Determinants of patient-family caregiver congruence on preferred place of death in taiwan.
ABSTRACT Patient-family caregiver congruence on preferred place of death not only increases the likelihood of dying at home but also contributes significantly to terminally ill cancer patients' quality of life.
To examine the determinants of patient-family caregiver congruence on the preferred place of death in Taiwan.
Patient-family caregiver dyads (n=1,108) were surveyed on preferences and needs for end-of-life (EOL) care. Determinants of congruence on preferences were identified by multivariate logistic regression.
Patient-caregiver dyads achieved 78.1% agreement on the preferred place of death. The kappa coefficient of congruence was 0.55 (95% confidence interval [CI]=0.50, 0.60). The extent of patient-family caregiver congruence on preferred place of death increased with the patient's higher functional dependence (adjusted odds ratio [AOR] and 95% CI=1.04 [1.02, 1.05]), higher patient-rated importance for dying at preferred place of death (AOR [95% CI]=1.60 [1.43, 1.79]), and having a spousal caregiver (AOR [95% CI]=1.62 [1.14, 2.31]). Other determinants of patient-family caregiver congruence included patient age (AOR [95% CI]=1.01 [1.00, 1.03]), patient-family concordance on preferred EOL care options (AOR=1.68-1.73), patient knowledge of prognosis (AOR [95% CI]=0.68 [0.48, 0.97]), and impact of caregiving on the family caregiver's life (AOR [95% CI]=0.98 [0.96, 0.99]).
Increasing patient-family congruence on preferred place of death not only requires knowledge of the patient's prognosis and advance planning by both parties but also depends on family caregivers endorsing patient preferences for EOL care options and ensuring that supporting patients dying at home does not create an intolerable burden for family caregivers.
Article: Sleep-wake disturbances in patients with cancer and their informal caregivers: a matter of dyads[show abstract] [hide abstract]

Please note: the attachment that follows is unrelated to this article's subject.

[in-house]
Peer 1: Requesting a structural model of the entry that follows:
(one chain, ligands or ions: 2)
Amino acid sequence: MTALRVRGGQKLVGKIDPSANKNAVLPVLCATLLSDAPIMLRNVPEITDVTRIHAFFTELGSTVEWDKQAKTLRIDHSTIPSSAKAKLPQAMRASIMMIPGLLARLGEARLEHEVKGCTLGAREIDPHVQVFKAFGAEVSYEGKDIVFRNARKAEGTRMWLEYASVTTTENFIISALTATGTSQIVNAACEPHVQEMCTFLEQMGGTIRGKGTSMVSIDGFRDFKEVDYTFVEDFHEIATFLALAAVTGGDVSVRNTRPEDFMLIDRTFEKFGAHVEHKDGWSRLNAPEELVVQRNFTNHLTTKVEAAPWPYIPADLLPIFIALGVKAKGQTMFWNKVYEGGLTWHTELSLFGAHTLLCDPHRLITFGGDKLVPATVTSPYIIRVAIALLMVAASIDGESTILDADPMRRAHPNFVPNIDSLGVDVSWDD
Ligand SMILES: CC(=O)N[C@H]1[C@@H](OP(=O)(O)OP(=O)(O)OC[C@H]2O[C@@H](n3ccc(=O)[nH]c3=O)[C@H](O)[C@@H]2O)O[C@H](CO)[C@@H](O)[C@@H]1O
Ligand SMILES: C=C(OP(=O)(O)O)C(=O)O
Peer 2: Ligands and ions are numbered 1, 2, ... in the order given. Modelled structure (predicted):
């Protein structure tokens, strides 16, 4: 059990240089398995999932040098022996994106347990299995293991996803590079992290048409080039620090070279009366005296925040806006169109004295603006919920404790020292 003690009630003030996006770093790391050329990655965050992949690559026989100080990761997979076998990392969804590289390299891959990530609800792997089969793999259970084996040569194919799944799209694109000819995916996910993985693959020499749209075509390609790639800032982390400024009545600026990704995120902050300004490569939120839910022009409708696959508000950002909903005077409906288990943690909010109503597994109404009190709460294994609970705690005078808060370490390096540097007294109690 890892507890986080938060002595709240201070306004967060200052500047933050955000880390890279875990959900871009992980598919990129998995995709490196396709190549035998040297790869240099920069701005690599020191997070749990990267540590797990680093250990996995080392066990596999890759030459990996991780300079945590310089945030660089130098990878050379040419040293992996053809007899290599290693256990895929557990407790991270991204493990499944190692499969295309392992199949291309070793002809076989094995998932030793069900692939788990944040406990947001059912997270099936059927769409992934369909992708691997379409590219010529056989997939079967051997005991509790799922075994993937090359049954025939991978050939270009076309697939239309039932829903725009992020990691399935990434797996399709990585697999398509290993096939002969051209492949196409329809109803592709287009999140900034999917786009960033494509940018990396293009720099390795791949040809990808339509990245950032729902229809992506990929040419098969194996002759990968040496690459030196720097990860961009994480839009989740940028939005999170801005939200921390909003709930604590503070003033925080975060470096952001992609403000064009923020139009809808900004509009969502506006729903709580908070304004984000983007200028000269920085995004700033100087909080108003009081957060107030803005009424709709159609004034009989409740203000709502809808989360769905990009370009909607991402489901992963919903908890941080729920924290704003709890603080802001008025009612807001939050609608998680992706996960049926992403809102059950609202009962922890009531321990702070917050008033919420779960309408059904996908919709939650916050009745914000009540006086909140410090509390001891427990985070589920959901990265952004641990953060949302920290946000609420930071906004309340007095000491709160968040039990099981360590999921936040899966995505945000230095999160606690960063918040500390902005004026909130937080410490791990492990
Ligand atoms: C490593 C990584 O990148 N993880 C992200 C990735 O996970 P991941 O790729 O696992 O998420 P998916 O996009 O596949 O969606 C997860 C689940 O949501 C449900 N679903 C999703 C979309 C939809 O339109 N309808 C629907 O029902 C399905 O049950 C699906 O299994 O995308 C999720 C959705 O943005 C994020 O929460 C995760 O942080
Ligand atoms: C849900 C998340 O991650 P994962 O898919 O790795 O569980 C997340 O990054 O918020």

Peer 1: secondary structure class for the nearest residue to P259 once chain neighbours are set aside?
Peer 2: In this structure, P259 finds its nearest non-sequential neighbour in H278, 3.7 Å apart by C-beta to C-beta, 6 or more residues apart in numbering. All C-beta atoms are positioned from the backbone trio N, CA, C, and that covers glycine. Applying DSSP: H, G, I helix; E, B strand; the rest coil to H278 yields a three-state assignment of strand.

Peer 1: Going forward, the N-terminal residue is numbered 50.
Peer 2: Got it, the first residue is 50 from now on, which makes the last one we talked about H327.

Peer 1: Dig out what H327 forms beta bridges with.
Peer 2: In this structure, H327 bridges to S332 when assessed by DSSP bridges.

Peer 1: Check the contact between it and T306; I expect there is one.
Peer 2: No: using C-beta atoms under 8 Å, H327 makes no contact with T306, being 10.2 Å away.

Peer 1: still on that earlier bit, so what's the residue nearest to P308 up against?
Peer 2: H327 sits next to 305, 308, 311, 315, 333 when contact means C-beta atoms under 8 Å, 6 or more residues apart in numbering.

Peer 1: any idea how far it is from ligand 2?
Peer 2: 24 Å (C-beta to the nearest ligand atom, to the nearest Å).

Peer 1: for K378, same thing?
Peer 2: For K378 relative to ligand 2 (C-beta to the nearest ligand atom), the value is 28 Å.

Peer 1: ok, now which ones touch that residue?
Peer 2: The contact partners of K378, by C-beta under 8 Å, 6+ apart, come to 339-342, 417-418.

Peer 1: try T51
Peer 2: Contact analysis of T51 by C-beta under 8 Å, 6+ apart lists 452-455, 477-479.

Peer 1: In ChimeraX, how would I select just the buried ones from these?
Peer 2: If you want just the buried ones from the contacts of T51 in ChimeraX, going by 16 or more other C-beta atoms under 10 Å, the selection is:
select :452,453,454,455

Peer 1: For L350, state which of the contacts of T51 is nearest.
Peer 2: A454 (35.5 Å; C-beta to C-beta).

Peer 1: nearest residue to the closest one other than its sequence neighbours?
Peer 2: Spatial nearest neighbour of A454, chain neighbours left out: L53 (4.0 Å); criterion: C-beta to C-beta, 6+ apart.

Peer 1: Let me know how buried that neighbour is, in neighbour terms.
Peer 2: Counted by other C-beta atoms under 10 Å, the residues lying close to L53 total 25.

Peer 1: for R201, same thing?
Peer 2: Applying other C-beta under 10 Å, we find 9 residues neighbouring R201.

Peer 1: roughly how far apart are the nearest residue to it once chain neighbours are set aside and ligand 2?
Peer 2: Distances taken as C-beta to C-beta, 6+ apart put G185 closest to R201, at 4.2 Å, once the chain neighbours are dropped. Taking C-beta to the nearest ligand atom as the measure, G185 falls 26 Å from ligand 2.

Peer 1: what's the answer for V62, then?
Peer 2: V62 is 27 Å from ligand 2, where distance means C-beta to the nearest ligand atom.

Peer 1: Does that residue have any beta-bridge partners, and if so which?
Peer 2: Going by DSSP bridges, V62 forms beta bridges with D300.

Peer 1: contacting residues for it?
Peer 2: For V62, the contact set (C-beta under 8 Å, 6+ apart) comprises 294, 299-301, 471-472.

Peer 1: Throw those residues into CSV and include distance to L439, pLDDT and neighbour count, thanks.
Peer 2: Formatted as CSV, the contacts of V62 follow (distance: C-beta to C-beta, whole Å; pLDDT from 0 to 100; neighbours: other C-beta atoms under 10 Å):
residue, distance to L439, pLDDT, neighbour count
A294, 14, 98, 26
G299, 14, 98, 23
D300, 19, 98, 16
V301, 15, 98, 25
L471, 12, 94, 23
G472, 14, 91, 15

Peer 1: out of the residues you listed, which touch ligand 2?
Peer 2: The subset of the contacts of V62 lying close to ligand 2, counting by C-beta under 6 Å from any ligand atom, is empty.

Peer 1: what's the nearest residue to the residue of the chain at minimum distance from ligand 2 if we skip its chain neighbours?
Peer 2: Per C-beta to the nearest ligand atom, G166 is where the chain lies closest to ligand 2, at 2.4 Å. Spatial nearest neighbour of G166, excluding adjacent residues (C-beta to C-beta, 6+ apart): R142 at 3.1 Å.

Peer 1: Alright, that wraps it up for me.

ABSTRACT: INTRODUCTION Sleep is a vital human process known to be essential for health, well-being, and optimal physical and psychological functioning [1, 2]. It is therefore reasonable to argue that sleep-wake disturbances may have serious consequences on the equilibrium of life [3, 4]. Sleep difficulties have been reported as a frequent complication of and are associated with various clinical conditions . Over the last fifteen years, the attention of the scientific community has shifted towards systematic investigation of sleep disorders during the experience of cancer as an important aspect of care. A cancer diagnosis severely disturbs a person's continuum of life. Sudden changes imposed after the diagnosis and during the ensuing anticancer treatment may profoundly affect the person, resulting in several sources of discomfort, among which sleep-wake disturbances and poor sleep quality . Especially throughout the period of diagnosis and treatment, but also during survivorship or, conversely, during palliative care, people with cancer are in great need of support. To a significant extent this support is expected to be provided by their significant others, family members or friends, whom patients feel they receive support from, and are frequently recognized as their informal caregivers . Their practical and emotional involvement, however, often and in other cases considerably affects the caregivers' own lives . Caregiving can be so demanding and stressful that the burden on these persons may lead to disruptions in their sleep as well .Forum of Clinical Oncology. 05/2012;